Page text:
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Bishop Barron, Taylor Marshall, and a Stonewalling on Hell

I recall arguing once with a Catholic friend of mine during our teenage years. He was from a big city far away and attended a publicly funded Catholic high school. I was a homeschooled boy from the country. The debate was on whether there were souls in Hell. I held the ideologically rigid belief that many souls go to Hell.

Not so much for my friend. His contention was simple: “Well, my teacher says there are only two people in Hell: Judas and Hitler!”

It’s always “Judas and Hitler” and no one else. Poor Nero, Sanger, and Stalin fall short. The gate to Hell is apparently narrow, the way hard, and few, or rather only two, enter into it. (As an aside, I am gratified to say that my friend now homeschools his children.)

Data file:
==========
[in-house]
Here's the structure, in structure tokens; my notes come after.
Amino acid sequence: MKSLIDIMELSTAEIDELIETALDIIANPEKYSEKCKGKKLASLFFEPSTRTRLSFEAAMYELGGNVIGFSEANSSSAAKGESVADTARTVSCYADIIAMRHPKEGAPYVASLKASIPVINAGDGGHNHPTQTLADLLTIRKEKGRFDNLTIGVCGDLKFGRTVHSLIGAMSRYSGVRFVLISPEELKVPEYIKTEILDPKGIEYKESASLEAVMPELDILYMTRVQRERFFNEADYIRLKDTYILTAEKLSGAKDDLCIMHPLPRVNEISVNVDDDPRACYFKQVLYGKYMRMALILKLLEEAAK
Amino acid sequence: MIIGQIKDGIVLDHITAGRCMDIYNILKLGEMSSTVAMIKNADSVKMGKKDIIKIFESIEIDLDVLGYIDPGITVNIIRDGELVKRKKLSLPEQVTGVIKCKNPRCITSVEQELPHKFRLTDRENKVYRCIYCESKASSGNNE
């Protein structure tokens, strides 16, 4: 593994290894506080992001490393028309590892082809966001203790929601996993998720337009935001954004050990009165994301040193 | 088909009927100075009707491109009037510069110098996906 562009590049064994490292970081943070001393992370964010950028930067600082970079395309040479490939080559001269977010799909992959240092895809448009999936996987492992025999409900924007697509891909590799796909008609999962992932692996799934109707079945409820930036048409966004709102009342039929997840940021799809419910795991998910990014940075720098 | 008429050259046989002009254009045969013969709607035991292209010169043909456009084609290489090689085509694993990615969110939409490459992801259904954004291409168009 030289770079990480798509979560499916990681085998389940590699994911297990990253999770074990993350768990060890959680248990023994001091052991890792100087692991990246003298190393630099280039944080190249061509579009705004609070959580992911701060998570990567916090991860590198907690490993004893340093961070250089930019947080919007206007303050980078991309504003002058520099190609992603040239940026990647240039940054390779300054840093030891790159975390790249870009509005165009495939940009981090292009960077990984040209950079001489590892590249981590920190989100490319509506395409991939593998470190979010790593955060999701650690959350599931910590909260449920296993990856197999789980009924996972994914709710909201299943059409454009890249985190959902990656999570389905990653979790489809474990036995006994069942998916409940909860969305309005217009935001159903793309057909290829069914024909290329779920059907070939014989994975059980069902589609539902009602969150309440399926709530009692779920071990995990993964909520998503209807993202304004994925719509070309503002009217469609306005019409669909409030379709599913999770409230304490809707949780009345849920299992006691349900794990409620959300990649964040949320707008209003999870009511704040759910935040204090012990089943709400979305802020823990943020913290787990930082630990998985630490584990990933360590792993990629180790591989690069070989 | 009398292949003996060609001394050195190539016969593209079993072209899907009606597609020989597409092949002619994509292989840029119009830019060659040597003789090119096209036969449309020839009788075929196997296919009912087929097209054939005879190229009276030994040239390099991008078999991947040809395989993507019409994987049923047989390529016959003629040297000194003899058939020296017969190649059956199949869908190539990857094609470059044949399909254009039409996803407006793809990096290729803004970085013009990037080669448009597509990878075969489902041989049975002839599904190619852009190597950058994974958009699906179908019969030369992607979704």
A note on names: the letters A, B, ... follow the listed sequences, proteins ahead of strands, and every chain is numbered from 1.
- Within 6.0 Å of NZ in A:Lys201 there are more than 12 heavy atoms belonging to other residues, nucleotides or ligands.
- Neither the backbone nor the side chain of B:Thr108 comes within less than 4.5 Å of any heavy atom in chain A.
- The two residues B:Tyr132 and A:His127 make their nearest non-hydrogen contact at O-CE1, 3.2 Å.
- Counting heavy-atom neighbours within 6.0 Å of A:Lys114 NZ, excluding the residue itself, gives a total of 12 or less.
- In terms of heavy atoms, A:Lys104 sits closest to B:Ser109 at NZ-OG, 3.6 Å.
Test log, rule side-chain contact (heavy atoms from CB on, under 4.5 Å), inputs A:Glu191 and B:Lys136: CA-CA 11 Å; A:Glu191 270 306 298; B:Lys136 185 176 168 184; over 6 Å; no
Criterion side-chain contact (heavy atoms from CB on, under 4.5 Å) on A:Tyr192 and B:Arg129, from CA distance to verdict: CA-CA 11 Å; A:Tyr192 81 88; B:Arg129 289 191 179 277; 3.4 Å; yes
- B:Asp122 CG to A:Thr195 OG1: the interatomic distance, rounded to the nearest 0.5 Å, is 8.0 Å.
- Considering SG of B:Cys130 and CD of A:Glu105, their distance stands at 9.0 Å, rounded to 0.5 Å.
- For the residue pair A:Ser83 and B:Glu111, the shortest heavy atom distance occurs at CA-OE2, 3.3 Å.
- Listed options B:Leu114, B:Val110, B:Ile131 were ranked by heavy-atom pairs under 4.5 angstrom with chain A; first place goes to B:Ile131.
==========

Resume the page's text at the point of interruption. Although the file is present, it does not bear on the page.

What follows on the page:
The truth on Hell is that, with all due respect to the great Dante Alighieri, the Catholic Church does not specifically claim that any certain souls are in Hell. There is no anti-canonization process, whereby a pope formally declares a soul to be forever damned (though Mt. 26:24 is not promising for Judas). As much as he may wish, Pope Francis cannot validly condemn Swedish inventor Sten Gustaf Thulin, the creator of disposable shopping bags, to forever dwell in the abode of the damned — no doubt sentenced to carrying a family’s supply of groceries in plastic bags that simultaneously rip open in the middle of a busy crosswalk. Indeed, recently, it seems the Catholic Church is challenged enough trying to properly canonize saints, much less declare certain souls in Hell.

If nothing else, it is notable that my friend, even within the context of a hyper–social justice–inspired relativism, commonly known as Catholic high school, still believed that there were at least two souls eternally damned. He had a lead on many Catholics today.

Take, for instance, a priest that political commentator Faith Goldy recently spoke with in Ottawa, just hours before the first public Satanic black mass in Canada. “Father, do you believe in Hell?” was her question. His response: “I believe in heaven.”